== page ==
• Diabetes

Cocoa might interfere with blood sugar control in diabetes patients (26). More research is ongoing in this regard. Please check with your doctor if you can have dark chocolate if you have diabetes.

  • Pregnancy And Breastfeeding

For pregnant and breastfeeding women, dark chocolate (and other chocolate, in general) is safe in normal amounts. Don’t go overboard (due to its caffeine content) (27). Consume in moderation.

  • Other Possible Issues With Caffeine

The caffeine in dark chocolate may also aggravate the following conditions (individuals with these conditions must consume dark chocolate in moderation):

  • Diarrhea
  • Glaucoma
  • High blood pressure
  • Irritable bowel syndrome
  • Osteoporosis

However, there is less information if dark chocolate by itself may cause any of these issues. Please consult your doctor in case you have any of the health conditions.


Dark chocolate is a healthful delicacy. It contains important antioxidants that promote human health. But it also comes with too many calories. Hence, moderation is key. Ensure you have not more than an ounce (or even half) in a day to enjoy its benefits without any issues.

Frequently Asked Questions

How is dark chocolate different from milk chocolate?

While dark chocolate contains the most cocoa content, milk chocolate is primarily made of milk solids. Dark chocolate also tastes slightly bitter, as opposed to its cousin that tastes milky.

Does dark chocolate contain caffeine?

Yes. In fact, it contains more caffeine than regular milk chocolate. This is because of the high cocoa content in dark chocolate.

How much dark chocolate can you eat in a day?

You may want to stick to 1 to 2 ounces of dark chocolate per day. This can translate to 1 to 2 chocolate ‘squares’ in a dark chocolate bar.

Can you eat dark chocolate at night?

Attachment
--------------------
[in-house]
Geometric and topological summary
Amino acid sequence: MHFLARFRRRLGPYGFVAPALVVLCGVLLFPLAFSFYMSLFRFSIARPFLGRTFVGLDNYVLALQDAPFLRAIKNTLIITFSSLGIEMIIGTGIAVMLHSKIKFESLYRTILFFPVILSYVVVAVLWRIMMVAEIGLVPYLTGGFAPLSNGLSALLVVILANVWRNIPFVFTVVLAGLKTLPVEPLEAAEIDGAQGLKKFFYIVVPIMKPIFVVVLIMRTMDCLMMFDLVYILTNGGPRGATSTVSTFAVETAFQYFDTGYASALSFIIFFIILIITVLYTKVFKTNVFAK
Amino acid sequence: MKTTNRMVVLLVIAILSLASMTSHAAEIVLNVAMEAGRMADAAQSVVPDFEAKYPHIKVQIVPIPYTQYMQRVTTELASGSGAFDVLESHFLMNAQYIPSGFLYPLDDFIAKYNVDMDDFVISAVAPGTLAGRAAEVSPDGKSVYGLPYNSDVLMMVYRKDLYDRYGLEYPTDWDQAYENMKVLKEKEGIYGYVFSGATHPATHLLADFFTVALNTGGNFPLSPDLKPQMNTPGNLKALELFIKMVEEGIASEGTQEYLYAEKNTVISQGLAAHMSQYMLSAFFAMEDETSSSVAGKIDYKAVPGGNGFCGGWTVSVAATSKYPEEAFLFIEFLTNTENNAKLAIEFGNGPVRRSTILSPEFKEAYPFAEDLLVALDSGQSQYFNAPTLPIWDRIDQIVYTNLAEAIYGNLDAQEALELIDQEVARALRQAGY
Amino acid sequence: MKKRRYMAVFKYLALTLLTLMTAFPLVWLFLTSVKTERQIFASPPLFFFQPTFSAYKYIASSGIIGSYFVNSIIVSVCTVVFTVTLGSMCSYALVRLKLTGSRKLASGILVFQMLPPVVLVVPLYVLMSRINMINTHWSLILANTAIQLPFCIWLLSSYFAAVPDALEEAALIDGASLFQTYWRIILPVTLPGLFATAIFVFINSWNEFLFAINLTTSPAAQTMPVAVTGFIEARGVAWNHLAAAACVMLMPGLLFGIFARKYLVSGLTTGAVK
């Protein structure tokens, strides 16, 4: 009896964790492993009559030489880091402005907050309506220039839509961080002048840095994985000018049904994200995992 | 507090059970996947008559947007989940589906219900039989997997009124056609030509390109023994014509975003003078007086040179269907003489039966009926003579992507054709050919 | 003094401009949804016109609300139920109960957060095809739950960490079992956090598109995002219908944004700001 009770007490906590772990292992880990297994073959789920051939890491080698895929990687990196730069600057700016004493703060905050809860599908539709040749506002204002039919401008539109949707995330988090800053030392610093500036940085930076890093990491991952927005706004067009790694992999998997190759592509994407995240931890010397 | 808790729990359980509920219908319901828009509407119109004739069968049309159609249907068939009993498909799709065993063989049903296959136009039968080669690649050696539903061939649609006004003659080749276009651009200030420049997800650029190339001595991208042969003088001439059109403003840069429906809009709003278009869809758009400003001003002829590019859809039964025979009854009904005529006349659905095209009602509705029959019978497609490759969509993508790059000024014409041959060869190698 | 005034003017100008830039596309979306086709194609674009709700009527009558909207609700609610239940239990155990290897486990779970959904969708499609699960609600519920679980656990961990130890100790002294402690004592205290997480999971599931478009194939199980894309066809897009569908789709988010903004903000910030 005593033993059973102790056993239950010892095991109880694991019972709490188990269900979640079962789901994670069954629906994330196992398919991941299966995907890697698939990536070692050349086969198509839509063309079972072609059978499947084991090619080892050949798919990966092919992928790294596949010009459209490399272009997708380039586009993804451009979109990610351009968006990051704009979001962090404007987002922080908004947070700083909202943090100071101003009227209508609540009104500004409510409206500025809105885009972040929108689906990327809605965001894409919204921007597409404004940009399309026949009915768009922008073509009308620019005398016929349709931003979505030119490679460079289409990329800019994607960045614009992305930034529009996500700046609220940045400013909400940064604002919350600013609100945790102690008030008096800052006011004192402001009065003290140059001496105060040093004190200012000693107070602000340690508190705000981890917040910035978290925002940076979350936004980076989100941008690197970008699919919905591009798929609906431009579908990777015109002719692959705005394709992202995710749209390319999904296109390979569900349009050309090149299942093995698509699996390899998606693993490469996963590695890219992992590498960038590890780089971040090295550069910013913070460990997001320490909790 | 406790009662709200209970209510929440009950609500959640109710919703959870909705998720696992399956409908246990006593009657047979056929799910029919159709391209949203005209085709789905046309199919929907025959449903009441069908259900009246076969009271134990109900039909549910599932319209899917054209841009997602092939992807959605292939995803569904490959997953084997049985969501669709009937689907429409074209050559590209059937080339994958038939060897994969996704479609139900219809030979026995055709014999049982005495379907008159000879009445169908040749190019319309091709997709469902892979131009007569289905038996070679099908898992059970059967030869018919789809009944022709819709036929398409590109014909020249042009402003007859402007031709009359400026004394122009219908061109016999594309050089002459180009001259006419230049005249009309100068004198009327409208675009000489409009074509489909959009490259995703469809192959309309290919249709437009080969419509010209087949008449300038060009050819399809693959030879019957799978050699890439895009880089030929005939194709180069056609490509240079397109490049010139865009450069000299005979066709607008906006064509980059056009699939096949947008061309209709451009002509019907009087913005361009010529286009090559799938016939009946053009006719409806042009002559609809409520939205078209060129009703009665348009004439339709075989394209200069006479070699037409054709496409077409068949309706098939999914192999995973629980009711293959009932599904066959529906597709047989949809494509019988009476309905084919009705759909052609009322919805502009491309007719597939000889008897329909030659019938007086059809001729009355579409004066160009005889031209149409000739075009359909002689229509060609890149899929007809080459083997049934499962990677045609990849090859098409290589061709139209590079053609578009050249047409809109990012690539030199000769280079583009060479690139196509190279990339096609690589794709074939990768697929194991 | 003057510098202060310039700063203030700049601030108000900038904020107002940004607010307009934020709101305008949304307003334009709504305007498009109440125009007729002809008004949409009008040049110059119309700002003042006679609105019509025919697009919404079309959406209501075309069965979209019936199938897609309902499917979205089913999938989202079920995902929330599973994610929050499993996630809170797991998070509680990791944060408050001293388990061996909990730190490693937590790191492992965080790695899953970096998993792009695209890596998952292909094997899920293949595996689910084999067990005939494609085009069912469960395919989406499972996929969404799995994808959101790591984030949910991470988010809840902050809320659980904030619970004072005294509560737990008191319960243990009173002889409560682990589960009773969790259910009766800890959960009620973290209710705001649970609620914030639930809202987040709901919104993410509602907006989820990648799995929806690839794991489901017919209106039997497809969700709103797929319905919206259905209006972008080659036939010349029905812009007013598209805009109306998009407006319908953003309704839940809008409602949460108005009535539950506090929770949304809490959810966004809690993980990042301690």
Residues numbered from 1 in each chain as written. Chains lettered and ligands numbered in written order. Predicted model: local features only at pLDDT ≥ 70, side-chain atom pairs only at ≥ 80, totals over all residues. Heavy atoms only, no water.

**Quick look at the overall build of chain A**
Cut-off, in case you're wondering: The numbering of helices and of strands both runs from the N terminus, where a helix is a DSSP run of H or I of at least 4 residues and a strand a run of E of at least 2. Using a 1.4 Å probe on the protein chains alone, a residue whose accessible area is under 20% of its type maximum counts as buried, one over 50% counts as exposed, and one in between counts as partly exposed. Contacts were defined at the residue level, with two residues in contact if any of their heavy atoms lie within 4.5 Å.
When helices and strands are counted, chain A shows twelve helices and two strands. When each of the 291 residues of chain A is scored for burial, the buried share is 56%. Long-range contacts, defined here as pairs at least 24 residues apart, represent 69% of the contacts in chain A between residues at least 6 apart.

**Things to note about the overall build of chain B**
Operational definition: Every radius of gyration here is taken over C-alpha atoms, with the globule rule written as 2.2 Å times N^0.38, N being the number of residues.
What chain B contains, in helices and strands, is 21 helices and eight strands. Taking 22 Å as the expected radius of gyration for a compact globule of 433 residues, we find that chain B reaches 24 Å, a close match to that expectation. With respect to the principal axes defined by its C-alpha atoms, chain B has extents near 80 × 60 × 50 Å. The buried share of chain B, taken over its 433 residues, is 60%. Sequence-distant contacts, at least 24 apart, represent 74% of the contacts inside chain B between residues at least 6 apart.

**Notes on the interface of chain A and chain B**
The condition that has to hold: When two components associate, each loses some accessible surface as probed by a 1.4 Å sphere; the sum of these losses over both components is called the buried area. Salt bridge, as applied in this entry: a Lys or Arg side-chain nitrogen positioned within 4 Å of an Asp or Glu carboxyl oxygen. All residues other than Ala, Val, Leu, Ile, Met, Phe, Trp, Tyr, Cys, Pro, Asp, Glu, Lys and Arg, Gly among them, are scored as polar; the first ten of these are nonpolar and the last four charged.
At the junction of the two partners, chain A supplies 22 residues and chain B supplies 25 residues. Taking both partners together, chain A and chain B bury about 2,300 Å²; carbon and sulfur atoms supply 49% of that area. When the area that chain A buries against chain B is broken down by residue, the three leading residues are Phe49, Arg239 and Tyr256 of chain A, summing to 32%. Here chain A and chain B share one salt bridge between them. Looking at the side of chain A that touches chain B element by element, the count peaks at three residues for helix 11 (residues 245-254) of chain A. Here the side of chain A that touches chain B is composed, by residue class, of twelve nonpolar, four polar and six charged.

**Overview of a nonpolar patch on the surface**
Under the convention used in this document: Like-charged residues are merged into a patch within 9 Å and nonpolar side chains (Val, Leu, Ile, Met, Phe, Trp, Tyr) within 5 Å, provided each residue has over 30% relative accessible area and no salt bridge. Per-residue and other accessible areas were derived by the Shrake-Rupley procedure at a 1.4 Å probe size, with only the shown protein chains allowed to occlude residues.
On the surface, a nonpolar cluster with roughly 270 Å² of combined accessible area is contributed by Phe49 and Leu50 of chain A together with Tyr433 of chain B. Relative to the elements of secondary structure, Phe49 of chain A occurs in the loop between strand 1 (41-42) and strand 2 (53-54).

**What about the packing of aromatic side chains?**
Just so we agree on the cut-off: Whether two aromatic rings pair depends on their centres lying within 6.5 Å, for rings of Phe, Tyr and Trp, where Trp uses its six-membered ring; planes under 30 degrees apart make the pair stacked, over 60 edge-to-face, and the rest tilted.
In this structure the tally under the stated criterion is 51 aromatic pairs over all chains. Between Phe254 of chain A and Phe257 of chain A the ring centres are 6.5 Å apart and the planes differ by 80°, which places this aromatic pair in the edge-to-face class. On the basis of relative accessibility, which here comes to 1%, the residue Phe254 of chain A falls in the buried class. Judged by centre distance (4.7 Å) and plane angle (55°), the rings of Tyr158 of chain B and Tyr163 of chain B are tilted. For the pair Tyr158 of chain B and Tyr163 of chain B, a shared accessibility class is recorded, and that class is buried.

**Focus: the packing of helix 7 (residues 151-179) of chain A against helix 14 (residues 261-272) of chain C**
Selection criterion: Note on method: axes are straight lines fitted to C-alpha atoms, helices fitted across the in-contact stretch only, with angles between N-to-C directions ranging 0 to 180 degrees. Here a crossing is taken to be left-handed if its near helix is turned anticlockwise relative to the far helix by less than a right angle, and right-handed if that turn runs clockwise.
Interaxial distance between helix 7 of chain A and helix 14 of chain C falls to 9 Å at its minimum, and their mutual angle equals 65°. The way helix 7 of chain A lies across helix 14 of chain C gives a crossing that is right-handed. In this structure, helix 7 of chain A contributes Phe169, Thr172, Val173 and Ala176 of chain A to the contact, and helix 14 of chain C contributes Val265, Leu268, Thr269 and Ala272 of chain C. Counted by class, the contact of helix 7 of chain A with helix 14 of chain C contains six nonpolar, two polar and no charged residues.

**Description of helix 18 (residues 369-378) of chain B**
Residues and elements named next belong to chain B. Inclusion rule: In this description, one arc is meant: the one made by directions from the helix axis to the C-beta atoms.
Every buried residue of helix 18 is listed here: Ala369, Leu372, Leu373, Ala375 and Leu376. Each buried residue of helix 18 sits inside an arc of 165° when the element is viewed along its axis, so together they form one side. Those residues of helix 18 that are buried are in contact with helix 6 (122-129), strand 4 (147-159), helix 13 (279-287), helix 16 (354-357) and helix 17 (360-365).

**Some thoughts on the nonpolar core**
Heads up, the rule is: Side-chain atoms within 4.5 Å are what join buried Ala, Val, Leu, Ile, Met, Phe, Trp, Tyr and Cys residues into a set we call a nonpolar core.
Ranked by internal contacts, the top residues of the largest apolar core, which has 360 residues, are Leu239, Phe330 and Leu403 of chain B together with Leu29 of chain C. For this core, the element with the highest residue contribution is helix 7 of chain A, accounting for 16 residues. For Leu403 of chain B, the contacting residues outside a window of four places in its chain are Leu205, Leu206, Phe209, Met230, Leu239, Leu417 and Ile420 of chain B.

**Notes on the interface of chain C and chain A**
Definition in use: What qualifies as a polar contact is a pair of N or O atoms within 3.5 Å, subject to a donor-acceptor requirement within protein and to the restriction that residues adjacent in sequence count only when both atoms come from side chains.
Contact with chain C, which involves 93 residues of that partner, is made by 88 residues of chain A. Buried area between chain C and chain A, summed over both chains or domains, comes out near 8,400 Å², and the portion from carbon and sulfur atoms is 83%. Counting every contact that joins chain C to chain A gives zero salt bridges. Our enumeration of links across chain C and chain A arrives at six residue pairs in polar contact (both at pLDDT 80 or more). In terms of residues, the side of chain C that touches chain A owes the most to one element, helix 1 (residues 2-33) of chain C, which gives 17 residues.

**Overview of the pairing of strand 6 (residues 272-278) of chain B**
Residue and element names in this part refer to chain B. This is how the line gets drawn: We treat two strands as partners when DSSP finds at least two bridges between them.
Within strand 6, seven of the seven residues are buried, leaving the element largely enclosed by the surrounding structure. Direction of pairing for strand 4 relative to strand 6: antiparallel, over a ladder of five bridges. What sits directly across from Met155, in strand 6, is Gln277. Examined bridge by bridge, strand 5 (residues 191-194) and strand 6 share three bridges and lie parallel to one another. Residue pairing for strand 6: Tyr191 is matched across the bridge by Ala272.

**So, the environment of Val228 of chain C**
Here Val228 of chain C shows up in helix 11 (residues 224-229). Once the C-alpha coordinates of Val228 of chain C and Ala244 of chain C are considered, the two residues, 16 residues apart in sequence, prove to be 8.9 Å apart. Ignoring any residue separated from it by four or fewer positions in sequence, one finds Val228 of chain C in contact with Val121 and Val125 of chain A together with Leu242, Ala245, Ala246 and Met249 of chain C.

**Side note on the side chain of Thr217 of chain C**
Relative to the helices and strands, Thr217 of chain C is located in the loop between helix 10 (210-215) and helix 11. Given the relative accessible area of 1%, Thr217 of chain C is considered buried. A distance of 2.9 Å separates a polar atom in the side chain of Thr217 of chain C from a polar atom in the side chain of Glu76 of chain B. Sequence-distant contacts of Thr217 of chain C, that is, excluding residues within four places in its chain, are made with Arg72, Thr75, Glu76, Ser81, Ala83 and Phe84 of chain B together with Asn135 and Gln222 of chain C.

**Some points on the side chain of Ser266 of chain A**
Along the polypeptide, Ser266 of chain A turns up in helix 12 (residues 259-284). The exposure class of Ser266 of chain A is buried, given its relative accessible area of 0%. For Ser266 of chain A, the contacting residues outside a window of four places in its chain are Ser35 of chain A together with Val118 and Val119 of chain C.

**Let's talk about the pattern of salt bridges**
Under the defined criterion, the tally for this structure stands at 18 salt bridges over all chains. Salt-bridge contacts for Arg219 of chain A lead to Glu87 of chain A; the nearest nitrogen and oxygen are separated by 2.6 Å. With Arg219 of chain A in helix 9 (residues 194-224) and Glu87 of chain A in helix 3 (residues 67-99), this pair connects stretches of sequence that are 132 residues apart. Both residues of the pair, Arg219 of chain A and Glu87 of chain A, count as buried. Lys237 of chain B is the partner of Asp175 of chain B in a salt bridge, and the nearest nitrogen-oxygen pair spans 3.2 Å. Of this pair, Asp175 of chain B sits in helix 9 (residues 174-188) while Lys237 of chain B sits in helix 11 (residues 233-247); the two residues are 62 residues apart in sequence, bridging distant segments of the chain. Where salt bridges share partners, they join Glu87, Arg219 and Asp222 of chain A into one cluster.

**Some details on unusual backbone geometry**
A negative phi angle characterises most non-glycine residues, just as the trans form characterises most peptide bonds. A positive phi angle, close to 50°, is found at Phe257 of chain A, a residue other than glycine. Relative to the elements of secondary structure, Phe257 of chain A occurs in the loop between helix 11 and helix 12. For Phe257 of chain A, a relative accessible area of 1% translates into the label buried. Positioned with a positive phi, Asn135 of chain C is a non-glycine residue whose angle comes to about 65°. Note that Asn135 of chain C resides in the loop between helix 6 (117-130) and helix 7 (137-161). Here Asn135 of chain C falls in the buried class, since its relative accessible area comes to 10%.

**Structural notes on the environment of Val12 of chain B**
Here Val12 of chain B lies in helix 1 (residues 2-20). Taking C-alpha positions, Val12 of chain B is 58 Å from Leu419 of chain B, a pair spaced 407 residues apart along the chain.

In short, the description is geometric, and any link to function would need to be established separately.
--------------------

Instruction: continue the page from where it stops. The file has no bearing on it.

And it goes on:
Yes, you can eat dark chocolate at night. There are no contraindications.

Is chocolate bad for the kidneys?

Chocolate usually contains potassium. If you have an advanced stage of kidney disease, check with your doctor before consuming chocolate as potassium could stress the kidneys. Otherwise, chocolate is not bad for the kidneys.

Does dark chocolate cause pimples/acne?

There is no research stating that chocolate may cause acne or pimples. A high-sugar or a high-fat diet may increase sebum production and the chances of acne. If you have acne, you may want to limit your intake of chocolate, among other foods that are high in sugar or fat.

Can dark chocolate cause weight gain?

If consumed in excess, it may add to your weight. Dark chocolate is high in calories. We suggest you stick to an ounce or less of dark chocolate a day.

Is dark chocolate good for babies?

Usually, yes, but in moderation. However, your baby may not like the bitter taste of dark chocolate.


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Ravi Teja Tadimalla is an editor and a published author. He graduated from SRM University, Chennai, and has been in the digital media field for over six years. He has a Professional Certificate in Food, Nutrition & Research from Wageningen University. He considers himself a sculptor born to chip away at content and reveal its dormant splendor. He started his career as a research writer, primarily focusing on health and wellness, and has over 250 articles to his credit. Ravi believes in the great possibilities of abundant health with natural foods and organic supplements. Reading and theater are his other interests.